How to Implement Scaffolded Instruction on WebAssign

EdGlossary defines scaffolded instruction as a combination of different teaching methods that help students gain greater understanding and independence in their learning process. Instructors offer temporary support and resources to students that can help them gain skills and improve understanding. The instructor gradually removes the support resources as they no longer serve their purpose and gives more control to the student.
How can scaffolded instruction be applied in your WebAssign course? Let’s look at techniques that Professor Willem Wallinga of Fisher College presented, Dealing with the Learning Gap. These techniques will help you transform your WebAssign course using scaffolded instruction.
1. To help self-sufficiency learners, use an advanced module design
Start with a sturdy structure before you start scaffolding. Professor Wallinga recommends using an Advanced Module Design. A module is anything that you might consider an assignment. It includes homework, laboratory problem sets and review, self-guided practice, summative assessment or projects. This breaks down your course design into three core components:
Choose a Learning Objective: Every course should have a learning objective. You can, for example, use common techniques to factor algebraic expressions. Most modules are focused on one learning objective.
Determine your course content: Identify the topics that correspond to each learning objective. To achieve the above learning objective, you must understand such topics as greatest common factor, difference between squares, trinomials, and grouping.
Complete your Module: Choose questions from a variety sources that cover each topic. Once you have selected your questions and created your module, you will use scaffolding to resolve knowledge gaps.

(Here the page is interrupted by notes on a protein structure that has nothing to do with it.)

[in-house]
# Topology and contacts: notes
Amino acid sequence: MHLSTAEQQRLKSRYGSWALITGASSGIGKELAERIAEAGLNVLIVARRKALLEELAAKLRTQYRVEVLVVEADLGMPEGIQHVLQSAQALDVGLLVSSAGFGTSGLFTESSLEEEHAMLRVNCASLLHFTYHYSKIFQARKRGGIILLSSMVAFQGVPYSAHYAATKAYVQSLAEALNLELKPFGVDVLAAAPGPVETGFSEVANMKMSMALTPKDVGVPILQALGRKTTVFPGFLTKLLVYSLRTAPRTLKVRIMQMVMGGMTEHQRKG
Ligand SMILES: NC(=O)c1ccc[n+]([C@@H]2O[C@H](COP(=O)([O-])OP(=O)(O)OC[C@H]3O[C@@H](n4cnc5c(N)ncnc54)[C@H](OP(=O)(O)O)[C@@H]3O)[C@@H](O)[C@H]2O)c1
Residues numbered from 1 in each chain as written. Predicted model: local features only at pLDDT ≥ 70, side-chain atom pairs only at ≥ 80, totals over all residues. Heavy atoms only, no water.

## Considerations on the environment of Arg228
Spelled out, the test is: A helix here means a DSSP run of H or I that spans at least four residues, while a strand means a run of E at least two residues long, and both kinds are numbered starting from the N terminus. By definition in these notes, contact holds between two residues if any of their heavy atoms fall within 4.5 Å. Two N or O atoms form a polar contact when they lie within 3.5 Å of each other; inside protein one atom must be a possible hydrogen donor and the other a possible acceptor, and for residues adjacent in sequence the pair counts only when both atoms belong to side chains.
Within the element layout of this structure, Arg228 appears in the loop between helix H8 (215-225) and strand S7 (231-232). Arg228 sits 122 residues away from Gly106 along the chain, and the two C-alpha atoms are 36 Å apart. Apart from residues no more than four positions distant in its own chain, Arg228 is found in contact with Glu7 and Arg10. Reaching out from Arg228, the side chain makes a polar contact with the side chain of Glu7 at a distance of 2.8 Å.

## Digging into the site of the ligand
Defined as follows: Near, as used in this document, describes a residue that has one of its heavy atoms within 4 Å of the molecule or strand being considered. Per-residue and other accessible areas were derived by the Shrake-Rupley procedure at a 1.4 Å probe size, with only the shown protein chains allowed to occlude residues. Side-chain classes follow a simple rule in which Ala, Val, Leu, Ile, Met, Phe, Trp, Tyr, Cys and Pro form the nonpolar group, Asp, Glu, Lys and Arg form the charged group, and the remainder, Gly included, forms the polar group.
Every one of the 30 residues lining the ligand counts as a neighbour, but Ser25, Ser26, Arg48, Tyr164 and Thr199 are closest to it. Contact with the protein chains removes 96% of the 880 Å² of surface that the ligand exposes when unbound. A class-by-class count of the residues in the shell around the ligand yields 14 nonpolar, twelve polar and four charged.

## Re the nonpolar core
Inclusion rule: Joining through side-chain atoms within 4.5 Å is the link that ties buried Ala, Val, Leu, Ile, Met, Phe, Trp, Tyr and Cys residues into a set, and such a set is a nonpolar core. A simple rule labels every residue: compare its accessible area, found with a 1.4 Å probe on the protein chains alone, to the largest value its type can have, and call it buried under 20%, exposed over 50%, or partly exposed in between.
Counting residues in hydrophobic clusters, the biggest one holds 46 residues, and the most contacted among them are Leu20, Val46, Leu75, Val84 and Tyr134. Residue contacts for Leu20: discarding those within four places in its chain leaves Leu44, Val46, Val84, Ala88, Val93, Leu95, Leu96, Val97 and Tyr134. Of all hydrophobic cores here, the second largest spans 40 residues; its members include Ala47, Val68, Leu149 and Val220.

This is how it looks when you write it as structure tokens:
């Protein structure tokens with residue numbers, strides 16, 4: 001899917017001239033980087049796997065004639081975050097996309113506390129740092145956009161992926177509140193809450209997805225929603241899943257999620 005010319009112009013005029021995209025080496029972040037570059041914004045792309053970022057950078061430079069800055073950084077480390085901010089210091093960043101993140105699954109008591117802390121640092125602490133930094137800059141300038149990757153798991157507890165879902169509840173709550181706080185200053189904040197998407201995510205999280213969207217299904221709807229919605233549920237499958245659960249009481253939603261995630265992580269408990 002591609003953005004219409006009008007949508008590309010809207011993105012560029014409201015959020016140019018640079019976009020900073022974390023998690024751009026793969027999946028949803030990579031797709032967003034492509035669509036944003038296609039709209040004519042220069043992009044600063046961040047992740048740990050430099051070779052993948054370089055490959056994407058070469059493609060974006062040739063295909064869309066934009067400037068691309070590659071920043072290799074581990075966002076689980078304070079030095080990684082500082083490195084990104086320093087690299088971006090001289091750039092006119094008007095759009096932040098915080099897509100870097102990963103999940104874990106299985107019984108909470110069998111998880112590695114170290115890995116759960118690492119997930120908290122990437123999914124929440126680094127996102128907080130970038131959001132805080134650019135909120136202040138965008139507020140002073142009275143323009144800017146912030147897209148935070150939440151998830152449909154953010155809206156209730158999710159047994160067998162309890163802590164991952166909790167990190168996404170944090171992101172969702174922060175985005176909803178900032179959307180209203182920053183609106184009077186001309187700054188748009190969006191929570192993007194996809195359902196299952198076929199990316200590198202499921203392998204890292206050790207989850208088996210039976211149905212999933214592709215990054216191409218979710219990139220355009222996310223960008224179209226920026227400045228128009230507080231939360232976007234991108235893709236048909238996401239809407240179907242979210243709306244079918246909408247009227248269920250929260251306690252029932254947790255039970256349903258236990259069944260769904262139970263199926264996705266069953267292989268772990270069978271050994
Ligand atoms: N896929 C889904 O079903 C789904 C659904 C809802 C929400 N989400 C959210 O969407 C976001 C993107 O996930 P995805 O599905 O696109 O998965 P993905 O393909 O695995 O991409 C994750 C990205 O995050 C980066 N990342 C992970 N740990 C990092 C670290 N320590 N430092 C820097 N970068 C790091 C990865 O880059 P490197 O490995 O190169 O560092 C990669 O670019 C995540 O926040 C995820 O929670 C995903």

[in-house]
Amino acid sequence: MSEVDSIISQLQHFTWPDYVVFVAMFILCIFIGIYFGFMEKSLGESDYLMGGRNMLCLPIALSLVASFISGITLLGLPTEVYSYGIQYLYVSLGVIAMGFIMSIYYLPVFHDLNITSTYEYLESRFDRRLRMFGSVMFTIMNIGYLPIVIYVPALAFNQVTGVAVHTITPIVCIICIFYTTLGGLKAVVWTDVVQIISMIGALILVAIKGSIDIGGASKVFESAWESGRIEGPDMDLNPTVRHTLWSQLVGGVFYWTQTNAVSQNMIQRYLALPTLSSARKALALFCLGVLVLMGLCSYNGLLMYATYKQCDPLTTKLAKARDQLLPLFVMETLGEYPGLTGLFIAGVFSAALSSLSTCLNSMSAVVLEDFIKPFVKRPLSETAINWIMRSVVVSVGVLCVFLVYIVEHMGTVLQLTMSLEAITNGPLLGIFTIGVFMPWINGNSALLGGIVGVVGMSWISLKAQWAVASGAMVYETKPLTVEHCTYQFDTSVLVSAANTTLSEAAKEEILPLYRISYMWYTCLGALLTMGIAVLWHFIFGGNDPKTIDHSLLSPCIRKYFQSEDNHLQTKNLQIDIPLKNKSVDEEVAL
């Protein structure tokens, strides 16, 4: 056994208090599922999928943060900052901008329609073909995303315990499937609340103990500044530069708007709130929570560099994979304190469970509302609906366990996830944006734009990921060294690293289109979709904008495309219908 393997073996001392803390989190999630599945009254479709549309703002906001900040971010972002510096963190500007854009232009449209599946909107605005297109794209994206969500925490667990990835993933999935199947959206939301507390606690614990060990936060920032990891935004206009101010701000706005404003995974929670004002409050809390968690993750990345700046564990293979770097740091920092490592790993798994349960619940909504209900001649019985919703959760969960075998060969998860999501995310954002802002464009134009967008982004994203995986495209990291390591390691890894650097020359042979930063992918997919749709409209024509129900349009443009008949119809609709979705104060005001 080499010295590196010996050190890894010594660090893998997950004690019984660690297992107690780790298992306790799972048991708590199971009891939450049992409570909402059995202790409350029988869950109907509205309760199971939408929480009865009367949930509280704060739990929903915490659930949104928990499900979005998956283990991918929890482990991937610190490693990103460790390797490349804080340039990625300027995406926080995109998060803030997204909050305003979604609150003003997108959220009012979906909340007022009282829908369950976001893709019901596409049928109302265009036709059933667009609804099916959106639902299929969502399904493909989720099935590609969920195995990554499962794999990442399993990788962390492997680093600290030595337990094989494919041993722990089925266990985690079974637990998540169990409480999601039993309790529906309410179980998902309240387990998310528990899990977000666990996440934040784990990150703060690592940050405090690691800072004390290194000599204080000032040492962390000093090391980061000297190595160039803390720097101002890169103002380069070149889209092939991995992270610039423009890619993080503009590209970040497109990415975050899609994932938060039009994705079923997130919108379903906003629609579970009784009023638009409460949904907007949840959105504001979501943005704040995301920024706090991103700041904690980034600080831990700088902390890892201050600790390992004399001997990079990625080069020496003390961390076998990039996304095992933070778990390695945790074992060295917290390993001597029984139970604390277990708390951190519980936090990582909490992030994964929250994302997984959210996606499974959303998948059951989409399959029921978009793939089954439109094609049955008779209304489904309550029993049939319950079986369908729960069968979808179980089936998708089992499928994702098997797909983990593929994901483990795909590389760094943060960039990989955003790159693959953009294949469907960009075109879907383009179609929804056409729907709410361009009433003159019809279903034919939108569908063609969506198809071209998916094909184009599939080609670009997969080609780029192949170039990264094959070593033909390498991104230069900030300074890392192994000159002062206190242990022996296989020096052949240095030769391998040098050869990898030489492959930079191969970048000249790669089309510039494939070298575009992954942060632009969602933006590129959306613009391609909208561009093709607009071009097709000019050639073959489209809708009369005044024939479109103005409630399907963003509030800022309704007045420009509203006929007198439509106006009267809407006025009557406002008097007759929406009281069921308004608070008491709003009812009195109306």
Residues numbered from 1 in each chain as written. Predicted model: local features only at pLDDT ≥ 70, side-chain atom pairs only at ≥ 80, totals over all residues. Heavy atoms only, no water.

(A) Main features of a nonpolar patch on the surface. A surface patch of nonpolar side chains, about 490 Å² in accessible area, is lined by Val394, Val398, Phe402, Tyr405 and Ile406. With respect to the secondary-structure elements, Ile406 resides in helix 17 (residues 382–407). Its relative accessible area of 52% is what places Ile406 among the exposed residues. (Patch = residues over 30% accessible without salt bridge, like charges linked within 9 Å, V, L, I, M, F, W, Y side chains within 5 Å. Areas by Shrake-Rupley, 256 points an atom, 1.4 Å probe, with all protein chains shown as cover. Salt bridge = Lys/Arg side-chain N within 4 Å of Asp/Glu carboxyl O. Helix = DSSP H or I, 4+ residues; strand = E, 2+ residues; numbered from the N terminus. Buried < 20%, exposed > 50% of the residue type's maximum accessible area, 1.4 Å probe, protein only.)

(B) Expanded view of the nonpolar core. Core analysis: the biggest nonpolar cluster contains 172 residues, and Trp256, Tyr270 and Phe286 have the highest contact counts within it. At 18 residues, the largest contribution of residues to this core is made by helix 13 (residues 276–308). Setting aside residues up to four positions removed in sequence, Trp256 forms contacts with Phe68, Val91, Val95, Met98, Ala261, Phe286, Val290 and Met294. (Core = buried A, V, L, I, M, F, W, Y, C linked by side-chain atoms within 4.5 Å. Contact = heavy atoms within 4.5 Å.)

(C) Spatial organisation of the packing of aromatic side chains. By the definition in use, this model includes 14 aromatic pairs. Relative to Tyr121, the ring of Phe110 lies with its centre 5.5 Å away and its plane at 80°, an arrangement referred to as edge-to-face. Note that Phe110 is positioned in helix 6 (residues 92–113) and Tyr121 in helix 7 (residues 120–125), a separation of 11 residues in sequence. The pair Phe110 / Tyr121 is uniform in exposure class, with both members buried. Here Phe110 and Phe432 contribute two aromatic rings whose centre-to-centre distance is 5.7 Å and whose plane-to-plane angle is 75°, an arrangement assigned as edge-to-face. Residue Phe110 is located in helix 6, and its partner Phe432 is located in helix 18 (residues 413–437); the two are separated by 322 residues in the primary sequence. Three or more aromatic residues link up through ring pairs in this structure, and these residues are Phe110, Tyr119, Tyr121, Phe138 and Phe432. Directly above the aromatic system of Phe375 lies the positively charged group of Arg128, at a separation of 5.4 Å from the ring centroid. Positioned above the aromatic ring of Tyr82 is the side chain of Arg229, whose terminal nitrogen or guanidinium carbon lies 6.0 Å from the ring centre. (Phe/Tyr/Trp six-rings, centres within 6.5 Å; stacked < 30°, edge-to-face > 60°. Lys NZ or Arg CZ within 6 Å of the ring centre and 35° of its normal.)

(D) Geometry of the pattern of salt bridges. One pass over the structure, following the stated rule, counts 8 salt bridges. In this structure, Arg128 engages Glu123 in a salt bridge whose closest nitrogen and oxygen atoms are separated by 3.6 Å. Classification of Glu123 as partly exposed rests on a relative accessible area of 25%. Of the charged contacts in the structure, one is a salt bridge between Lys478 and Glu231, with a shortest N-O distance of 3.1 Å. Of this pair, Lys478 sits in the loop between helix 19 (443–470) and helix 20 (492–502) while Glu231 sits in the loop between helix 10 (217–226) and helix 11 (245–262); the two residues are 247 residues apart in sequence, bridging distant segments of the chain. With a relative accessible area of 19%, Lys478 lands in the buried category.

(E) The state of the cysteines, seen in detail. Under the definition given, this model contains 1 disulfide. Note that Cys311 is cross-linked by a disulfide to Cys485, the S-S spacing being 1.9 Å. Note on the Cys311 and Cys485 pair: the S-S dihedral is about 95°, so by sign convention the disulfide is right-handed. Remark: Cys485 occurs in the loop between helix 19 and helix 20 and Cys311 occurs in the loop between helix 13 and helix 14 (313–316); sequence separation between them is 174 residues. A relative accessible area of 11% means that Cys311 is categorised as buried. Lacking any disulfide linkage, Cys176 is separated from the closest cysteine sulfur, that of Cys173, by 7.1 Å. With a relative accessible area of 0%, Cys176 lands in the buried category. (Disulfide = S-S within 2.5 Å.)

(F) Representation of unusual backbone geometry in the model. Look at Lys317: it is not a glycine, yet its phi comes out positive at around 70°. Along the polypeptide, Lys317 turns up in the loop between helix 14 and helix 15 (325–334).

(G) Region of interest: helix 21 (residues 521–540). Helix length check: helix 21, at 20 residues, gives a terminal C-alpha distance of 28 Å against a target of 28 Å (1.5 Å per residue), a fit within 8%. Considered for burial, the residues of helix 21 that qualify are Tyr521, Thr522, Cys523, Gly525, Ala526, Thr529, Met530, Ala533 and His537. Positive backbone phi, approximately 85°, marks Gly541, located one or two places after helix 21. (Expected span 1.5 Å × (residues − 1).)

2. Students in Assignments: Providing scaffolding
Once you have your learning objectives and course content, you can create a scaffolded module that meets these requirements. Professor Wallinga shows how to transform common word problems using scaffolded instruction to improve student understanding through tutorial questions in Dealing with the Learn Gap
Start with the Tutorial Questions
Each module should be started by introducing students the topic through tutorial questions. Tutorial questions will help students understand the steps involved in solving the problem. Here are some tips:

Start your assignment by choosing multi-part problems, such as tutorial questions. WebAssign allows you to incorporate tutorial questions into a variety of question types, such as Master It Tutorials Standalone (MI.SA), or Concept Checks. These problems will require students answer each step of the problem-solving process.
These questions can be followed by a tutorial with fewer steps to reach the correct answer. You may also need to follow an optional tutorial, such as an Expanded Problem or Master It tutorial (.MI), which are available as learning support. These tutorials will not only require students to answer the final question, but they also provide step-by-step solutions for those who need it.
These questions can be found by searching the question abbreviation (i.e. Search the question abbreviation (i.e. “MI.SA”) in your question browser.
Tutorial questions are a way to help students understand the steps involved in solving problems step-by-step. They provide a layer of academic integrity that helps students understand the problem and not just find the solution.
Slowly remove learning support and resources
When you are scaffolding your assignment, think about: How much guidance do you want to give? How much can you give your students? Students should be able to handle a lot of information when they first encounter it. As an option resource, you can make learning tools such as Master Its, Read Its, and Watch Its available at the beginning of the assignment to help students who get stuck.
As students work through the module, gradually remove support until they can solve the problem themselves. You might choose questions that have a lot of learning support (Read Its. Watch Its. Master Its) at the beginning of an assignment and then follow it up with a question that has only a video resource.

End with Assessment Questions, Show me my Work
Students now have to solve the problem themselves and, if necessary to demonstrate the work they did. Students should be able to apply their knowledge independently after they have read the step-by-step tutorials. You’ll want students to understand the topic and provide an answer blank at the end of the assignment.